Fear and Love in the Workplace; A Nation’s Concern?

Despite what you may think, Fear and Love in the Workplace is not the name of a new daytime drama. However, it certainly sounds like it could be, don’t you think? I can only begin to imagine how juicy it would be with secret office romances, power plays and backstabbing as daily occurrences.  Unfortunately, these day time dramas play out every day and not on a TV screen, but in real corporate offices, with real people. The effect can shape more lives than we might think.

Some may call it our “foot print” or “mark” that transcends us as individuals and influences generations. What we must ask ourselves, however, is ours a mark of love or fear?

To begin to see the impact of love and fear in the workplace, we can look to nature as our guide and example. In fact, the fractal nature of existence is a perfect model and analogy that can be applied to a business by noting that, as an individual improves so do teams, departments, divisions and entire organizations.  An organization’s influence is inevitable on employee’s behaviors. The question is whether that’s a good thing?

The type of organization that makes a positive difference economically and in community members’ lives, recognizes the interdependent nature of how each aspect of our lives (personal, social, professional, spiritual, community, environmental, etc.) effect one another.  Further, these organizations support employees with whole person health benefits in mind, generous leave, telecommuting, community volunteering, casual work environments and even on-site meditation areas and “chill” zones, created to promote employee social interaction.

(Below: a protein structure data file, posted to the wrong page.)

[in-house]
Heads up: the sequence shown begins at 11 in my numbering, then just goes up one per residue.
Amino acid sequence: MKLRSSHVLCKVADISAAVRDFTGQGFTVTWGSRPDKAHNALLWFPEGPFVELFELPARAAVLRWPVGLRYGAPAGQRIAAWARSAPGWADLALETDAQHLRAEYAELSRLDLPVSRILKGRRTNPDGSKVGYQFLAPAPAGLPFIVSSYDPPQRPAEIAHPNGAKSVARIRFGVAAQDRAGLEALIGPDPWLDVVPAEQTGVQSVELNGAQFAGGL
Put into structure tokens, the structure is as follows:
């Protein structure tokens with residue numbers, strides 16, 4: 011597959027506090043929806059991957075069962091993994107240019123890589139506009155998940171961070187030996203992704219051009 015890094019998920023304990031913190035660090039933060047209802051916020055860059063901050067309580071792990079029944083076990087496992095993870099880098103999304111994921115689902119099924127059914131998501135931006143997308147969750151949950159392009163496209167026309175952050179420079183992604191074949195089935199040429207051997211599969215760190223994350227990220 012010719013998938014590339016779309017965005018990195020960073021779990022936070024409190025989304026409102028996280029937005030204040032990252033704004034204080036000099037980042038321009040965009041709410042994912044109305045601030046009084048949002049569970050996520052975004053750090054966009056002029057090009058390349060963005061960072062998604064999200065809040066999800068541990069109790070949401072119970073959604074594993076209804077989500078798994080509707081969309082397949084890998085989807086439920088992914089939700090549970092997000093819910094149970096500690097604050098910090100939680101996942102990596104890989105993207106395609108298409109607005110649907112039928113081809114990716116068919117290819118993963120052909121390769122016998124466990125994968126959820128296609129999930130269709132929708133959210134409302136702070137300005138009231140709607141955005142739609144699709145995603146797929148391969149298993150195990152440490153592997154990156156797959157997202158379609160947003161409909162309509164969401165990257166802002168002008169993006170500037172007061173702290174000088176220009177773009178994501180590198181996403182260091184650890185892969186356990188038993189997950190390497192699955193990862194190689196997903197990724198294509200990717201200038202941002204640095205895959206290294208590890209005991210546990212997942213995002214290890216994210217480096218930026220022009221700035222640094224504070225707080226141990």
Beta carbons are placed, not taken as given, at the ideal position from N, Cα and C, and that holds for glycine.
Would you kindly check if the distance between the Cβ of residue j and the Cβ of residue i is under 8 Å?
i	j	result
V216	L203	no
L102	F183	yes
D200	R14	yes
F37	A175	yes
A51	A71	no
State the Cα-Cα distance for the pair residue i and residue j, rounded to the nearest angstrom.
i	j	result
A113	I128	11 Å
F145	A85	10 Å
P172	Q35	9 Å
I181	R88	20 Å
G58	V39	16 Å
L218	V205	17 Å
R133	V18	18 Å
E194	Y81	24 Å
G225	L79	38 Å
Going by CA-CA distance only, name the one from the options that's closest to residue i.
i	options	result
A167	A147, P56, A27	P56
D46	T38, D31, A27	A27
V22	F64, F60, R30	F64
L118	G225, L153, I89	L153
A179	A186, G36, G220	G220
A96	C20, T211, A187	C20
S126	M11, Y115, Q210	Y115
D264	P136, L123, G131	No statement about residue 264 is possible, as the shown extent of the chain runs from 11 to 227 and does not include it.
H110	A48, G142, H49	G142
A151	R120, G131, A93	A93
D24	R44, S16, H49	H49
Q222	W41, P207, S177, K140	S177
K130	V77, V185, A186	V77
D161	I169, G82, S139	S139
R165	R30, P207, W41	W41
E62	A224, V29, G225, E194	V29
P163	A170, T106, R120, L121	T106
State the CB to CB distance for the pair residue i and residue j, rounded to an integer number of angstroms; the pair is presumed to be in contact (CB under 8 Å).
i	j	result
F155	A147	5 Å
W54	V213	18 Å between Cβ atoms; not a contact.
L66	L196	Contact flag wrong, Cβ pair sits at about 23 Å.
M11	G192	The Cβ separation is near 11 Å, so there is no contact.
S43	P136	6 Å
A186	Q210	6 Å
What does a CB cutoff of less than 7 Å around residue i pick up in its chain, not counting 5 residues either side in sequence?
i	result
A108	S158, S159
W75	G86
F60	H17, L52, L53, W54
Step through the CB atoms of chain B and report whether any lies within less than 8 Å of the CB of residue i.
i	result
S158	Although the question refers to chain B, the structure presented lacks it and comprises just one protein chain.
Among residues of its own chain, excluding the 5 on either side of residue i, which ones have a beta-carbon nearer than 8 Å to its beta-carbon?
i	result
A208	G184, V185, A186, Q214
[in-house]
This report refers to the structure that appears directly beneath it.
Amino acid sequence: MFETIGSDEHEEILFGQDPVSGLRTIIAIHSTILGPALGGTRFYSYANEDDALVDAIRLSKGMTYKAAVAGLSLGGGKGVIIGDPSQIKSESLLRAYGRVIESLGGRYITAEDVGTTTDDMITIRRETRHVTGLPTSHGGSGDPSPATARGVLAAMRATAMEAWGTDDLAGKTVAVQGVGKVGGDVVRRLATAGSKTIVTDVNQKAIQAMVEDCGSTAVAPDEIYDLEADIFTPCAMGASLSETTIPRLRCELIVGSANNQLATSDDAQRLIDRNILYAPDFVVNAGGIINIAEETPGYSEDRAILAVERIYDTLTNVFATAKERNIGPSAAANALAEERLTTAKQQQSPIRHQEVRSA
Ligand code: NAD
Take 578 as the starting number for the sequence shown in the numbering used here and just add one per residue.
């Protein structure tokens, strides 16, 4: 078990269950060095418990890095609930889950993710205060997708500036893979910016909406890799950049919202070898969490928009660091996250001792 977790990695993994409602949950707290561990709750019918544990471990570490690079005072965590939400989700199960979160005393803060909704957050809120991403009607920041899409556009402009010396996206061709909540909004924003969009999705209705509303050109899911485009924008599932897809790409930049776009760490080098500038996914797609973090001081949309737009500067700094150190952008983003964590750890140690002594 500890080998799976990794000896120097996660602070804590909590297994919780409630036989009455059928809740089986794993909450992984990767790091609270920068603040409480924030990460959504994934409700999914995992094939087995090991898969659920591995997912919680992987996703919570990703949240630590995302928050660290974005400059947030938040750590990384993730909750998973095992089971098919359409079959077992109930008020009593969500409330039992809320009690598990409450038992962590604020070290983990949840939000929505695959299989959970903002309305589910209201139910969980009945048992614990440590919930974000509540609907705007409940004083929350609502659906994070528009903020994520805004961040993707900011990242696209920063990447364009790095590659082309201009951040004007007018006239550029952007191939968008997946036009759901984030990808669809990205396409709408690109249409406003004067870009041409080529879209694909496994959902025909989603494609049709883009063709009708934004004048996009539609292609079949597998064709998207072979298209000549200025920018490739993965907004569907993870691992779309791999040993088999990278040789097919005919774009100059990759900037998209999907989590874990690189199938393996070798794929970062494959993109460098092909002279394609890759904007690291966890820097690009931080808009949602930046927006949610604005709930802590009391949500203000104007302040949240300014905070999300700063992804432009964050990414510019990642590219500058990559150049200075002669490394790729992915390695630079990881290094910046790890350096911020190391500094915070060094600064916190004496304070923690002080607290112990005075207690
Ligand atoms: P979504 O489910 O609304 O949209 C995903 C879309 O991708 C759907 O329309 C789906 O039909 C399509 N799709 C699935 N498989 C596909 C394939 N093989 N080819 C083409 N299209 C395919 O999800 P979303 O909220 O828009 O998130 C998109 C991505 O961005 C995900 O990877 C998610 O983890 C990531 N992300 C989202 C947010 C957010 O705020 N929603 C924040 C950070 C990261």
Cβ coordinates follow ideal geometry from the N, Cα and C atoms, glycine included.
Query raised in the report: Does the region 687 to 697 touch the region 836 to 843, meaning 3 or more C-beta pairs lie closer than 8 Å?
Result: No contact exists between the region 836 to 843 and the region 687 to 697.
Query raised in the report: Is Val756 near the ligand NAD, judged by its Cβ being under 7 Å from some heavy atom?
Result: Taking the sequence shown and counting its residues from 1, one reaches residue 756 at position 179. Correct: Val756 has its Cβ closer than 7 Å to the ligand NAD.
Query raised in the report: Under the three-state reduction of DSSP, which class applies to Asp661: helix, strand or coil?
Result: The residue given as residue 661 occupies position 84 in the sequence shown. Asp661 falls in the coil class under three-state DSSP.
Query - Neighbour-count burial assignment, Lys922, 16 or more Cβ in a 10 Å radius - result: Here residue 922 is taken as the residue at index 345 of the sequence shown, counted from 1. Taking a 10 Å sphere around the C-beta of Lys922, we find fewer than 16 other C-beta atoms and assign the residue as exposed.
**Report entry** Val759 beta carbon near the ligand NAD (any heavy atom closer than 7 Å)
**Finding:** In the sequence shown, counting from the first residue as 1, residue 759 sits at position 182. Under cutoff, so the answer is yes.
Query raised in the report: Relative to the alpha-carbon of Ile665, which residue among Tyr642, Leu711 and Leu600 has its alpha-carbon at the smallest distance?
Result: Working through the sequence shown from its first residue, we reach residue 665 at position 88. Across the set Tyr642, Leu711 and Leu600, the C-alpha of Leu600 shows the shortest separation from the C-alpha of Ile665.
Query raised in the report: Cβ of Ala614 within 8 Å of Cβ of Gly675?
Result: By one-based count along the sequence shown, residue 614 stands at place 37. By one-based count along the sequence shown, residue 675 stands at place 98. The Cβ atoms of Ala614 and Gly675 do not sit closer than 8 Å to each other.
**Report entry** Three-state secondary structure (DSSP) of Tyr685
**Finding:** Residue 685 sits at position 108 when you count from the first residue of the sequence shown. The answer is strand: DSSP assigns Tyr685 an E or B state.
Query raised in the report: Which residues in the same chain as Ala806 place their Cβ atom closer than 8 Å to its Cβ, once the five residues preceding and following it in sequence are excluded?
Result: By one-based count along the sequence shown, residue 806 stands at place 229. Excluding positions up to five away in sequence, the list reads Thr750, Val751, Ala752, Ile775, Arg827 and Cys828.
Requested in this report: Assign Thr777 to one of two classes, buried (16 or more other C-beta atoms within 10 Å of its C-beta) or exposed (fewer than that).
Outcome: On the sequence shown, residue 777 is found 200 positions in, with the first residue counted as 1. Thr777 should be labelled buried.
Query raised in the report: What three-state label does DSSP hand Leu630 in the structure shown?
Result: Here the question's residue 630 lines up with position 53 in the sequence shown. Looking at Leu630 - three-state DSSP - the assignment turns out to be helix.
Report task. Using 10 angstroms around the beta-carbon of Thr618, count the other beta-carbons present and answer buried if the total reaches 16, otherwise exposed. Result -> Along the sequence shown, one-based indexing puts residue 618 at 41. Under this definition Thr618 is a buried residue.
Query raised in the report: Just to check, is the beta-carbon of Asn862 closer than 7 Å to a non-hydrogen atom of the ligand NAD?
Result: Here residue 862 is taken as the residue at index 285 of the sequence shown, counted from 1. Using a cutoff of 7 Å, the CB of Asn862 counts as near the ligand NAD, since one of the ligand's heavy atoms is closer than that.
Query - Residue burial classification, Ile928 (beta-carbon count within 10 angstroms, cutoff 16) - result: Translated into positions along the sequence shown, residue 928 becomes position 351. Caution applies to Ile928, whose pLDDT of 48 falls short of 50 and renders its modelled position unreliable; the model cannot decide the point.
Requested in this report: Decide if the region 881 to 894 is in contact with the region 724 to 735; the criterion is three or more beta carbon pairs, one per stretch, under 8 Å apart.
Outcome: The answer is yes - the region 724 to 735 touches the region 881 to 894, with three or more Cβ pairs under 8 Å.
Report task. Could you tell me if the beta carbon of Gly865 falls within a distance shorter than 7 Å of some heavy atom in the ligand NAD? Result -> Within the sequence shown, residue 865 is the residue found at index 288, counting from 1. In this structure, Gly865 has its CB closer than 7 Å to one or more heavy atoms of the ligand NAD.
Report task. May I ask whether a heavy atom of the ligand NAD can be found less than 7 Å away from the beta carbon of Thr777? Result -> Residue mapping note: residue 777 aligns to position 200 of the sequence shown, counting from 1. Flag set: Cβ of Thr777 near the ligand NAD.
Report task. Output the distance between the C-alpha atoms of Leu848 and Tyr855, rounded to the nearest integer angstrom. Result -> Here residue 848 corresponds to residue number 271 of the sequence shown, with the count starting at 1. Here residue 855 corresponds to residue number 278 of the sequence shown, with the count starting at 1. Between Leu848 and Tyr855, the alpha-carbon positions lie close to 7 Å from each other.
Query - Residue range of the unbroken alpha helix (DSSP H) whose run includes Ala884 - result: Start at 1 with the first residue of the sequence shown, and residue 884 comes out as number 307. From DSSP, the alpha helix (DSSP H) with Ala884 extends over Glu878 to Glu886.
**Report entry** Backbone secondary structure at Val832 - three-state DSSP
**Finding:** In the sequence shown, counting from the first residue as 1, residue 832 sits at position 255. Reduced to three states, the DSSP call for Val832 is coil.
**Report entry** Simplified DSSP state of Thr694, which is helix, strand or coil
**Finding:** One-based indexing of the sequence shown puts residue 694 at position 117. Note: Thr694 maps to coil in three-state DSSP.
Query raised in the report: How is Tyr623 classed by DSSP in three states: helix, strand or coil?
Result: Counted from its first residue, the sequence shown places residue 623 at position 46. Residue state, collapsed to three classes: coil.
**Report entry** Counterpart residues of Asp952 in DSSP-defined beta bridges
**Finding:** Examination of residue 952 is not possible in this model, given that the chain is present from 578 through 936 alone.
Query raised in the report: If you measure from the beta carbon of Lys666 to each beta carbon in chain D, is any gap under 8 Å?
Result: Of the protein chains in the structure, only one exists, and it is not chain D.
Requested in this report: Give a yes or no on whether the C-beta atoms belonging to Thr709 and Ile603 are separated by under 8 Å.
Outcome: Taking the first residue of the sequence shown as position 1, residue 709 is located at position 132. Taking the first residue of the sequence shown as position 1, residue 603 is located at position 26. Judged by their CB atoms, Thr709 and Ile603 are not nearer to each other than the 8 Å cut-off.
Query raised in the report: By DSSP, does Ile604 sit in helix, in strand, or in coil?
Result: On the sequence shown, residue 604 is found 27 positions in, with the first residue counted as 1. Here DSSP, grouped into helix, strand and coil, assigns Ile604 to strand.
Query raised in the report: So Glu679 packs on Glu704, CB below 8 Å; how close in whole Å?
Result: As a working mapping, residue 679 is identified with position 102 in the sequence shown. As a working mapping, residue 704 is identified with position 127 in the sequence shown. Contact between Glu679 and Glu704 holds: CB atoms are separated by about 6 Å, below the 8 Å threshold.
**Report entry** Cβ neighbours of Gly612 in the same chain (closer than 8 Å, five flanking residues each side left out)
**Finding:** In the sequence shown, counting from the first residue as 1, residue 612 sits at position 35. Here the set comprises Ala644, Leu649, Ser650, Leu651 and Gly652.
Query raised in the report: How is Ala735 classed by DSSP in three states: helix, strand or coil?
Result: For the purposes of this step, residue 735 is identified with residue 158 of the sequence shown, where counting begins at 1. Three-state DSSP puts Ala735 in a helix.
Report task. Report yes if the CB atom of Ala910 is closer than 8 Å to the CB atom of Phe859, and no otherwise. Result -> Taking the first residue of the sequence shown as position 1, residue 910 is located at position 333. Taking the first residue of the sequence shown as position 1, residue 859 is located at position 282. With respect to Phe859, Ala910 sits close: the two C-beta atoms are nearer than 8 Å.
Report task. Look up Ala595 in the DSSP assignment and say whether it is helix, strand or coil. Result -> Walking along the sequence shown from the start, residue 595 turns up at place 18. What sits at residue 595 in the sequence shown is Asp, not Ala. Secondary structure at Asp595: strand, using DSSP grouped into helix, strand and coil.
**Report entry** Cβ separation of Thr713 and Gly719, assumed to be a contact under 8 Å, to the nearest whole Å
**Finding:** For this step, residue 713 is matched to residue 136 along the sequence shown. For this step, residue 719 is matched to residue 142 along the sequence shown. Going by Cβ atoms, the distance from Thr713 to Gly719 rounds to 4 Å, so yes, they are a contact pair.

When we stand back and look to see the “fractal effect” of organizations who recognize and support the whole person, we realize the significance of investing in our economic futures that, by developing the leaders we need in business we also develop the leaders we need in our communities. Investing in our future business leaders, creates a ripple that rises all tides, (personal, social, professional, spiritual, community, environmental, etc.) to quality living and abundance for those who desire and work for it.  THIS is precisely how business can be a conduit for social evolution

The workforce implications for choosing love over fear:  As individuals we are innately limited in our capabilities.  When we add new individuals with new skill sets the team expands its collective capabilities and is able to produce more than they could separately and individually, a dynamic called synergy.  As we make decisions based on love, rather than fear we begin to grow and are accepting of all manner of people, places and things.  We cannot separate the person doing the work from who they are.  And we are certainly much more than the roles we perform!  By being open and accepting of our coworkers and their differences we have an opportunity to expand our relationship capabilities, networks, learning and consequently our business opportunities. Fear limits all the aforementioned benefits and seeks status-quo and control.

The societal implications for choosing love over fear: Love accepts differences, while fear ridicules and isolates differences. A diverse society, supported by love and guidance yields diverse talents and a larger, more diverse pool of capabilities to be leveraged for society’s benefit.  It is cooperation that expands capabilities, while competition limits them.  A society that chooses love over fear recognizes the exponential synergy of leveraging small and large groups of people with diverse skill sets around a shared purpose. In fact, it’s how many of our current beliefs and cultural norms came to be today. While we haven’t yet reach the point of majority for organization’s (or our nation for that matter), operating from love over fear, however, one can see a growing demand for greater work/life balance, more consideration for our environment, compassion for others and a growing need to incorporate more meaning and purpose in our work and daily lives.